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Unshakeable by Tony Robbins

Unshakeable by Tony Robbins

My Rating: 7.5 / 10

I have read many Tony Robbins books, however this is the first finance book of his I have read. Robbin’s books are typically very large which come with a lot of detail. Money: Master the Game is a good example, however I wanted to start with a cut down version first. Unshakeable is that book.

Unshakeable is broken down into three key areas. The first on a set of rules to abide by in the financial world. For example, understanding fees, who to trust etc. The second is a set of principles when investing. The last focuses on psychology which to me is one of the areas I needed to reflect on some more.

Throughout the book I learned many things I could apply in my investing life. With that said there were many statistics that are not necessarily explained. For example, my second takeaway is a perfect example. Robbins states the impact on fees against your retirement income. I would prefer to see a little more detail on how that is calculated. Perhaps that is the detailed person in me? Or maybe it is in the bigger book!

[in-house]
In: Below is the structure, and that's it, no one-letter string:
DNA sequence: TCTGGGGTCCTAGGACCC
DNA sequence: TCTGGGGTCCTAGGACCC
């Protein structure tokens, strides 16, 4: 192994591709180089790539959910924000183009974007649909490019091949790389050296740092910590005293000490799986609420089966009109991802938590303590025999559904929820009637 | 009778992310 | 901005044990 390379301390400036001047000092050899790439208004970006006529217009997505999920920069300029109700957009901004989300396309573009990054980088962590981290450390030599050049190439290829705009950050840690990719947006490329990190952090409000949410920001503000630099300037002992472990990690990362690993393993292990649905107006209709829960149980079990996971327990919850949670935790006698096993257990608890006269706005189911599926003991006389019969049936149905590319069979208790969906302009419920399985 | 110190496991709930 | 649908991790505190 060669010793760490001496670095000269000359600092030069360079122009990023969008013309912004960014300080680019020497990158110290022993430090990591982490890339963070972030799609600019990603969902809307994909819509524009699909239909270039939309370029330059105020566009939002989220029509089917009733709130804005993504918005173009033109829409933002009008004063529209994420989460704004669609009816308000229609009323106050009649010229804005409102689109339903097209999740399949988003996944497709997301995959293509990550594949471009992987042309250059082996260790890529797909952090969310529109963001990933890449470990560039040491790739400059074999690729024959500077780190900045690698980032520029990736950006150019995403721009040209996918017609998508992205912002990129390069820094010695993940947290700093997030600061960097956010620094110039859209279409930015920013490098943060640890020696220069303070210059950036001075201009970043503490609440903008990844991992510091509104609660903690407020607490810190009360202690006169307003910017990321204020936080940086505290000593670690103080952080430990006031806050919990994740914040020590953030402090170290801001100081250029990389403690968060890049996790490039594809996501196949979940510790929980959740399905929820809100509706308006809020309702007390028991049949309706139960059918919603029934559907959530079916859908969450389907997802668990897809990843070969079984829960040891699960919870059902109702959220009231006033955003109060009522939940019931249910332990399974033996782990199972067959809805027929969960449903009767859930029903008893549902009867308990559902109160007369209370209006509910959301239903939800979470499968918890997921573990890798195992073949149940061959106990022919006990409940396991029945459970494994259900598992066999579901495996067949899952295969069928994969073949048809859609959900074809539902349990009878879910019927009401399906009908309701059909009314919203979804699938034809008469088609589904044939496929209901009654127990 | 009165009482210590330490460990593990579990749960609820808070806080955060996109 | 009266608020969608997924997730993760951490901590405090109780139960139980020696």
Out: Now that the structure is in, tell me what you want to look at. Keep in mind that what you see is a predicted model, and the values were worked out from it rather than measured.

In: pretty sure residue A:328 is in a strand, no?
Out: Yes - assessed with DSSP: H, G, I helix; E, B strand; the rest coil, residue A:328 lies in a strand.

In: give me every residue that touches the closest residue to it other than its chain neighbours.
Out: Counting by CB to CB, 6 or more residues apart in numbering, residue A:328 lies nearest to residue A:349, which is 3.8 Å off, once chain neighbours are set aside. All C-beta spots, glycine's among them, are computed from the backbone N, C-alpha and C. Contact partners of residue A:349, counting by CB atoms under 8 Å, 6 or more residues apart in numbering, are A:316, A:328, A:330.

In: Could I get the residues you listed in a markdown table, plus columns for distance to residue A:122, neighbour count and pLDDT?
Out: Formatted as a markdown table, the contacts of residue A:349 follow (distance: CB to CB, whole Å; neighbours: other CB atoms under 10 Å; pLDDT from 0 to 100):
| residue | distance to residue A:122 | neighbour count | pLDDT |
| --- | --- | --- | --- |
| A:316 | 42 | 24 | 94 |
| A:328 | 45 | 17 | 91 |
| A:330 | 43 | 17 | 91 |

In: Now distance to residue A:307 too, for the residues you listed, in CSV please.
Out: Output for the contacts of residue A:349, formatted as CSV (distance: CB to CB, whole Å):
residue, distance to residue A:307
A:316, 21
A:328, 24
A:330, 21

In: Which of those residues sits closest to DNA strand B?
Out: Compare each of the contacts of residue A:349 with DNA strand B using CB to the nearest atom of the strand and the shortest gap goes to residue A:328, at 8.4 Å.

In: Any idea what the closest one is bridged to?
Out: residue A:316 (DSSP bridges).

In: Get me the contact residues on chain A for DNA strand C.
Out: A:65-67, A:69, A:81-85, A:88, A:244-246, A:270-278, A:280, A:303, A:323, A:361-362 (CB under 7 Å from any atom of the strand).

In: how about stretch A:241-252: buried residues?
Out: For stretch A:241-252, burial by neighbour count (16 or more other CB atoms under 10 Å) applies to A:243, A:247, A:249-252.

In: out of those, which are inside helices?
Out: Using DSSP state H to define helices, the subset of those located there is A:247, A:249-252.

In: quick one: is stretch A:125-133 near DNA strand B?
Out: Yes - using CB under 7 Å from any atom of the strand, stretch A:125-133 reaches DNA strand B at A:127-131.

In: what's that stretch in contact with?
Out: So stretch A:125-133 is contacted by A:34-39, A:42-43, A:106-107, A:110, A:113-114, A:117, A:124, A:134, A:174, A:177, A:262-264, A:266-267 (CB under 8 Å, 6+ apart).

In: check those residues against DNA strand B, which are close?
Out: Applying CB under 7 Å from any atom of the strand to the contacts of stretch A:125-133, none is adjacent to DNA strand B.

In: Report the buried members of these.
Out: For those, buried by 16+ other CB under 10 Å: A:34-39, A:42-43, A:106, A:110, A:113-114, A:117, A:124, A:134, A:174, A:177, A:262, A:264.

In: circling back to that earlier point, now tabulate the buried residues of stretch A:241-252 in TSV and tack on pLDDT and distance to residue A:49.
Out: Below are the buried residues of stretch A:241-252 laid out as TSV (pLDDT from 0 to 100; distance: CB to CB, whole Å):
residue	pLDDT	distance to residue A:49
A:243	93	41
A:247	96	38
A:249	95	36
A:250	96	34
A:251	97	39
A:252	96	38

I will get around to reading Money: Master the Game within the year but this was a good stop gap for now.

Three key takeaways from the book:

  1. We are quite emotional when it comes to reacting to ups and downs in the market. Whilst there is potential to beat the market, the likelihood for perfect timing is low. It is much easier (and better) to ride the market with its ups and downs by keeping a broad and diverse set of investments and not react.
  2. Fees are one of the biggest killers in investment. If you overpay by 1% it can cost you up to 10 years worth of retirement income. Obviously there are a lot of variables that makes this number up which aren’t described in the book. The point is to reduce the amount of fees you pay in your investments as a first important step.
  3. Diversification. We all know this is a good strategy however Robbins breaks diversification into four areas. The first is across asset classes, second within asset classes, third across markets/countries/currencies and fourth across time.